Friday, January 17, 2014

Recycling Arctic cyclones at WUWT

Sou | 3:48 PM Go to the first of 2 comments. Add a comment

In my last article I commented how Anthony Watts seemed to have forgotten that he'd already published three articles on Trenberth and Fasullo in the last month, when he put up his fourth article about the paper.

Today he's reposted/recycled another article from last month.  This time about cyclones in the Arctic.   Here are the web archives - December 2013 and January 2014.

Maybe Anthony needs a check up.  I mean forgetting once can be put down to normal human forgetfulness.  Forgetting twice can be put down to not reading the articles he posts.  But forgetting twice in two consecutive days?

More (smaller, short-lived) cyclones than previously thought

Anyway, (if I recall correctly - ha ha) I didn't write about it back in December so here's a summary, based on this article at ScienceDaily.com.  The article was about findings presented at AGU13:
From 2000 to 2010, about 1,900 cyclones churned across the top of the world each year, leaving warm water and air in their wakes -- and melting sea ice in the Arctic Ocean.
That's about 40 percent more than previously thought, according to a new analysis of these Arctic storms.
A 40 percent difference in the number of cyclones could be important to anyone who lives north of 55 degrees latitude -- the area of the study, which includes the northern reaches of Canada, Scandinavia and Russia, along with the state of Alaska.
The finding is also important to researchers who want to get a clear picture of current weather patterns, and a better understanding of potential climate change in the future, explained David Bromwich, professor of geography at The Ohio State University and senior research scientist at the Byrd Polar Research Center.

Anthony previously wrote about the 2012 Arctic cyclone - 27 August 2012 and 19 September 2012 and 24 September 2012 and 27 December 2012 and maybe elsewhere.  In those articles he was implying that the record low summer arctic ice in 2012 could be all blamed on the cyclone.  (In other articles Anthony's posted photos of various ships, misrepresenting where they were and when, in an futile effort to claim that the sharp decline in Arctic sea ice isn't "unusual".)

In these latest articles, Anthony seems to be implying something but I'm not sure what - maybe that Arctic cyclones are causing all the Arctic ice to melt? He wrote:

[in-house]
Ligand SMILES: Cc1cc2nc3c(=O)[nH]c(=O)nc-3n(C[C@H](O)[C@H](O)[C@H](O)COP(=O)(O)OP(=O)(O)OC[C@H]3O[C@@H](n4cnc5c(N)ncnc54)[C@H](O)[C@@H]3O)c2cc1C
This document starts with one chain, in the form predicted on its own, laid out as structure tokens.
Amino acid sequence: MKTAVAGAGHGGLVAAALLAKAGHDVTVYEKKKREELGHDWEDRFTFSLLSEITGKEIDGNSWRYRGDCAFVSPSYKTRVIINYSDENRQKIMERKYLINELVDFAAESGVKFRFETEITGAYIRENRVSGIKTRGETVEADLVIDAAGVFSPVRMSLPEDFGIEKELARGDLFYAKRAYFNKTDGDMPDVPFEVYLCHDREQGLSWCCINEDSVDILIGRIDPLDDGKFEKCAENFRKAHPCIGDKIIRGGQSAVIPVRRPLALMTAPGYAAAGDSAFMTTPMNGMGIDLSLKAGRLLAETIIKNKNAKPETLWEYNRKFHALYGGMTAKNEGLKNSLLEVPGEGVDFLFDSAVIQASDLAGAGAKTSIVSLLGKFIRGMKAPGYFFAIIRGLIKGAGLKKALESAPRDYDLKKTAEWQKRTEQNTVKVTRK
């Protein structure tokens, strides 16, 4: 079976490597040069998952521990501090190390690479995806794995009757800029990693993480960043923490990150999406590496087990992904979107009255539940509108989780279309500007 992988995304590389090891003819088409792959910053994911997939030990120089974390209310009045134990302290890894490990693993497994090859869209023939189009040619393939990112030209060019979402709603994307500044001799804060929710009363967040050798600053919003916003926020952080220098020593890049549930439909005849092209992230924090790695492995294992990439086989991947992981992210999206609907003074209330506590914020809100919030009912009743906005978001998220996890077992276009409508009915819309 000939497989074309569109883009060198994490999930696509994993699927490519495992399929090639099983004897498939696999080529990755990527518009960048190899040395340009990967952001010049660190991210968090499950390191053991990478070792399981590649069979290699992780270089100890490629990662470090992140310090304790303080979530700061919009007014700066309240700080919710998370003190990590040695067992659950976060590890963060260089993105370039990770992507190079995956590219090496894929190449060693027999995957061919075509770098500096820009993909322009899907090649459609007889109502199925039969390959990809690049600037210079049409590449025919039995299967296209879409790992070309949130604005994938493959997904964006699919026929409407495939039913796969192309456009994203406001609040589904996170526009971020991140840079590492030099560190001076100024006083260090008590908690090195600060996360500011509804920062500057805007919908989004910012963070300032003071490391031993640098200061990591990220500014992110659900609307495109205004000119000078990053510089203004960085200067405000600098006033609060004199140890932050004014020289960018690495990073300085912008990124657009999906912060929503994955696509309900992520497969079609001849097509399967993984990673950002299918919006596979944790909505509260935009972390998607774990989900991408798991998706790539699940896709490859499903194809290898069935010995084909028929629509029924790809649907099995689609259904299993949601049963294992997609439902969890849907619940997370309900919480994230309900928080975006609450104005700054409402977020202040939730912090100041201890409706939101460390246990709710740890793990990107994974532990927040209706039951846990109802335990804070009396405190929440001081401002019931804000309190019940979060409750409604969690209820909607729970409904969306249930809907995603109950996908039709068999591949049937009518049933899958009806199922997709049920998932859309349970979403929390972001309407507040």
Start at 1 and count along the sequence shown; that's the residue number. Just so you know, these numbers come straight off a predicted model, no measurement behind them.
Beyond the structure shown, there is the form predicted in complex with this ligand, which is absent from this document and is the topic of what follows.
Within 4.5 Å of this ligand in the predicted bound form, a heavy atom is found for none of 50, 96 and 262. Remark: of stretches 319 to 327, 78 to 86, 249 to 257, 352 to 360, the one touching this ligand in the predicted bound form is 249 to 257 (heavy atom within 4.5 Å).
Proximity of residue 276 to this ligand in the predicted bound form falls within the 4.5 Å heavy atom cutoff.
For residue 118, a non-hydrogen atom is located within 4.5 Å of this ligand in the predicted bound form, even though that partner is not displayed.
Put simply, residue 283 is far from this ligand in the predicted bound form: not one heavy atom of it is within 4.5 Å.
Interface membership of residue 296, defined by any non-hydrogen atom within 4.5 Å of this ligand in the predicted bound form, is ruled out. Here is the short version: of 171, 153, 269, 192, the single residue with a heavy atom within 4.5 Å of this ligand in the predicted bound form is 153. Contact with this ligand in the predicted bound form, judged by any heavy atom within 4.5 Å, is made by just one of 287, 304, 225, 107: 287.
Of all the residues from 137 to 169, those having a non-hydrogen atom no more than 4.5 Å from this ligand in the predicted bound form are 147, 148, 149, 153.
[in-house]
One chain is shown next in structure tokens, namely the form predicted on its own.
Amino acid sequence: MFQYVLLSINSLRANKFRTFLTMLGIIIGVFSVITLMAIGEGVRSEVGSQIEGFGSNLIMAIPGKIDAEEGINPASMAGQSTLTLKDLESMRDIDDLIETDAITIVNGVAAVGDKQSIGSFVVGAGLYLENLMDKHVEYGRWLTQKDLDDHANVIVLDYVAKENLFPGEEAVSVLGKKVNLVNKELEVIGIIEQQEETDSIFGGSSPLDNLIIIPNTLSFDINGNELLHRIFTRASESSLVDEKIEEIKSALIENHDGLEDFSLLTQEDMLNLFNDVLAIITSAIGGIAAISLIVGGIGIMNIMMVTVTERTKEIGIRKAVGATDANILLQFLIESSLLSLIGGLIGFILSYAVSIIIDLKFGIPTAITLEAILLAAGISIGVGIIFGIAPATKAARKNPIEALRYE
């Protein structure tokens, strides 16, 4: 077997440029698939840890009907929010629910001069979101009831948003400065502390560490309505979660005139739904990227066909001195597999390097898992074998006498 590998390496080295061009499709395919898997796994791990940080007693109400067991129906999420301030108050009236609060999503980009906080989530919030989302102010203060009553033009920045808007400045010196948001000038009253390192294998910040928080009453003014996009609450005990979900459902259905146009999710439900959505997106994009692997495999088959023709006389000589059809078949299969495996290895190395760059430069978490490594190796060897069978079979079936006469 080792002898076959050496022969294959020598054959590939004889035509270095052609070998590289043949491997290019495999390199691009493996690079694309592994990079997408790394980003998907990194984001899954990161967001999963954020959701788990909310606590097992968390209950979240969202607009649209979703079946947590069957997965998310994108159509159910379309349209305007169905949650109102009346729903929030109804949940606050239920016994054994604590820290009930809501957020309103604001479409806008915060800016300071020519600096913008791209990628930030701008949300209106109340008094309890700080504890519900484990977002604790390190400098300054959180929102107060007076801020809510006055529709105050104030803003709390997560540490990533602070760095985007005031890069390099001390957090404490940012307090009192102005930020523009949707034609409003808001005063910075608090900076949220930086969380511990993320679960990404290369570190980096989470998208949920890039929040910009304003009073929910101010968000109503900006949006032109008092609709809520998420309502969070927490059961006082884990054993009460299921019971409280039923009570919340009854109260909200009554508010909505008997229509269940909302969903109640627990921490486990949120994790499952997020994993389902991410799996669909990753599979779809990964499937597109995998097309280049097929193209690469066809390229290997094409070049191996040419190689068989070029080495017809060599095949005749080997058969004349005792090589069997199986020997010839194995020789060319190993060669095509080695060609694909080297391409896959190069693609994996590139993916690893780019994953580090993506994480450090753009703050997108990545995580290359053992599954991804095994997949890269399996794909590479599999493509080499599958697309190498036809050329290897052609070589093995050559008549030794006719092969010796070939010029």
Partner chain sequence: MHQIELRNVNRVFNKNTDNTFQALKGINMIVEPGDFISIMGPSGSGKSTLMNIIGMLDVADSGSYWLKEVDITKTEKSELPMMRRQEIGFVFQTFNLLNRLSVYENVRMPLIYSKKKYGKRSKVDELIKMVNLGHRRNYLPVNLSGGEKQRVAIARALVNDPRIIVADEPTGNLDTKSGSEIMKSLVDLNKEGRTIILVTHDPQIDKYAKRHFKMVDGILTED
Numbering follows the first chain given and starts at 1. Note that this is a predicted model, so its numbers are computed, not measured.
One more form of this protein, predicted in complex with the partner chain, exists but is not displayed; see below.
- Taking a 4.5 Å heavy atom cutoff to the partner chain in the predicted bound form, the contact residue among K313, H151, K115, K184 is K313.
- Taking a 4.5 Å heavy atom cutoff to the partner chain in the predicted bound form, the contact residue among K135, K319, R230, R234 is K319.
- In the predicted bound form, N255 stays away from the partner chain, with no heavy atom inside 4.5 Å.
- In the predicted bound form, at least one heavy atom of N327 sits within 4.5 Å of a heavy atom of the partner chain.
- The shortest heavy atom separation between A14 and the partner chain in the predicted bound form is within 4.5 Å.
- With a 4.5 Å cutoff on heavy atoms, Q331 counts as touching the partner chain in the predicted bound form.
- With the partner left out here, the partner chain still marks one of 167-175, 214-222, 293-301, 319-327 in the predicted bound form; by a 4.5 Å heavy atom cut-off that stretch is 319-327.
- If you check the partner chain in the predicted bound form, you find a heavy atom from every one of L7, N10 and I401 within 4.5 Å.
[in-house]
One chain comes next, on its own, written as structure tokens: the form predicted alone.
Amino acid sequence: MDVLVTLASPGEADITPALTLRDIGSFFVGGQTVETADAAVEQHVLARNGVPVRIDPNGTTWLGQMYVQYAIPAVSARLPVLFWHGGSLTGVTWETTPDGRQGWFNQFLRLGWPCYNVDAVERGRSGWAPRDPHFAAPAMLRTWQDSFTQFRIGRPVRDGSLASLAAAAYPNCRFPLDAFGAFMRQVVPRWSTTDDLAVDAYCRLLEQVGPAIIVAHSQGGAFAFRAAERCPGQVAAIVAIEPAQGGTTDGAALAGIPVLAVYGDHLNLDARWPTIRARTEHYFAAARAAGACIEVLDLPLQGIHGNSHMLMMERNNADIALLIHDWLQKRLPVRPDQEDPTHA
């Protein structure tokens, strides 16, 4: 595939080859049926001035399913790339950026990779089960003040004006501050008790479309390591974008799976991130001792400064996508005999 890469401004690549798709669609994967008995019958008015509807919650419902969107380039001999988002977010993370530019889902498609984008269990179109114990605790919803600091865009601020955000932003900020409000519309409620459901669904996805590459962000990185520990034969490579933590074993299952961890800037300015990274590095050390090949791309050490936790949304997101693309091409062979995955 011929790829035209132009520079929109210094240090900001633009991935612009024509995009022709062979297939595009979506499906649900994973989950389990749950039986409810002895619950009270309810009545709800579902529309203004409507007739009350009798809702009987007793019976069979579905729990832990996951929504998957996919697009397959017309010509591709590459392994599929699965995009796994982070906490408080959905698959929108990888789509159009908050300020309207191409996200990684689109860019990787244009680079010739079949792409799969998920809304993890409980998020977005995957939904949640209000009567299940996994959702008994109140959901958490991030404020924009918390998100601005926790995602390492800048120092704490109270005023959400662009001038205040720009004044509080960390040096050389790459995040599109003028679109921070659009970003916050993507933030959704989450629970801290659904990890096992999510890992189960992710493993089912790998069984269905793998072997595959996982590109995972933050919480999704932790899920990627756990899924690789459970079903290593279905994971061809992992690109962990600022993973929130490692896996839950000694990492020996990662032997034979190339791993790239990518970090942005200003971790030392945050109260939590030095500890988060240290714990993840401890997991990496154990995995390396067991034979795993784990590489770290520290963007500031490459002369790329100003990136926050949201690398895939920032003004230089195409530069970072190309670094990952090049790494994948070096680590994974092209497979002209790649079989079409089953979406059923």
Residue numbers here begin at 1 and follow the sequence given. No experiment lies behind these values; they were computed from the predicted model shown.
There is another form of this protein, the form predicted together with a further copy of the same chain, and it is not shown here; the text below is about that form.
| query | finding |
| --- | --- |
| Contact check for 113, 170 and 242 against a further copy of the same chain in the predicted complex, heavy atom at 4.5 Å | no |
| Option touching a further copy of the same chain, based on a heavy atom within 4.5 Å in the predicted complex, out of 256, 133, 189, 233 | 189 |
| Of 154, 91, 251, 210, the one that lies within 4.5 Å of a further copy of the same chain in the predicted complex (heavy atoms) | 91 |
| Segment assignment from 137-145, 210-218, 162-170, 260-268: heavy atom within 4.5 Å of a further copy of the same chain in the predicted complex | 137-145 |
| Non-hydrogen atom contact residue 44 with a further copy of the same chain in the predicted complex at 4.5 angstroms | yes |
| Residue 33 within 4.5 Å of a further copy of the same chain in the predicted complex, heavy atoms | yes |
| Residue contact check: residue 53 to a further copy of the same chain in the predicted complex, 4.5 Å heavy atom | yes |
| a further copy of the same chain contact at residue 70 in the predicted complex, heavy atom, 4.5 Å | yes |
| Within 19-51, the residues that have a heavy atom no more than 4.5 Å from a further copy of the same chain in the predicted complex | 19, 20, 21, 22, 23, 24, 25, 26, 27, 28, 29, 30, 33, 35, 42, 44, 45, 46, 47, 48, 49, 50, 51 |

News media back then seemed to think this was a new thing, and downplayed the role of the cyclone is breaking up sea ice, preferring to attribute it to the omnipotent global warming. Apparently it’s just business as usual for the Arctic.

Still, it's a more rational hypothesis than blaming the Arctic summer ice decline on icebreakers!

Summer is the time for cyclones

Now the thing is that the whole reason that the cyclones weren't easily detected was because they were so small and short-lived, unlike the mammoth cyclone in 2012.  Naturally Neven is right on top of this topic at his Arctic Sea Ice blog.  Neven wrote a number of articles on the big 2012 storm, such as this one.  And in regard to Arctic summer storms in general, here is a quote from an article he referenced last August, here:
“People seem to have this thought that all this storminess is unusual,” said Mark Serreze, an Arctic climatologist and center director at NSIDC. “Well it’s not. It simply isn’t. Summer is the time for cyclones.” Arctic summers are not calm. In fact, the months of August and September see a maximum amount of cyclonic activity. Not every summer is very stormy, but overall, the Arctic is the Arctic for a reason.

So if Anthony Watts and his band of science deniers think that the Arctic is melting purely because of cyclones, that would be wrong.

Anyway, that's enough of that.  Arctic sea ice is Neven's specialty.  His blog is a mine of information and habituated by people who understand and are interested in science.  (Avoid anti-science blogs like WUWT unless you want your brain filled chock-a-block with nonsense.)


  1. Followed your links to disputing USS Skate surfaced at the North Pole in August 1958.

    I agree the photographic evidence isn't there. But there is an article written for LIFE in 1959 by James Calvert, Commander of USS Skate. In the article he states:

    "Last summer Nautilus made history'e first voyage beneath the North Pole. Soon after Skate followed up by surfacing at the pole. Last month Skate returned to the polar seas.."

    Well, that's unequivocal, I would have thought. A contemporaneous first hand account. Calvert goes on to describe the weather of the arctic summer the previous year.

    "Our winter expedition would be far different from the one we undertook last August. In August the Arctic was at its bland best, with continual daylight and temperatures above freezing. Cruising under the 10-foot-thick ice pack, we repeatedly had found open water where we could surface."

    1. The north pole was very different in the 1950s and 1960s to what it is today. These days, even in the middle of winter you won't find too much ice that's ten feet thick. Whereas in summer you'll find that it's no news for a submarine to surface.



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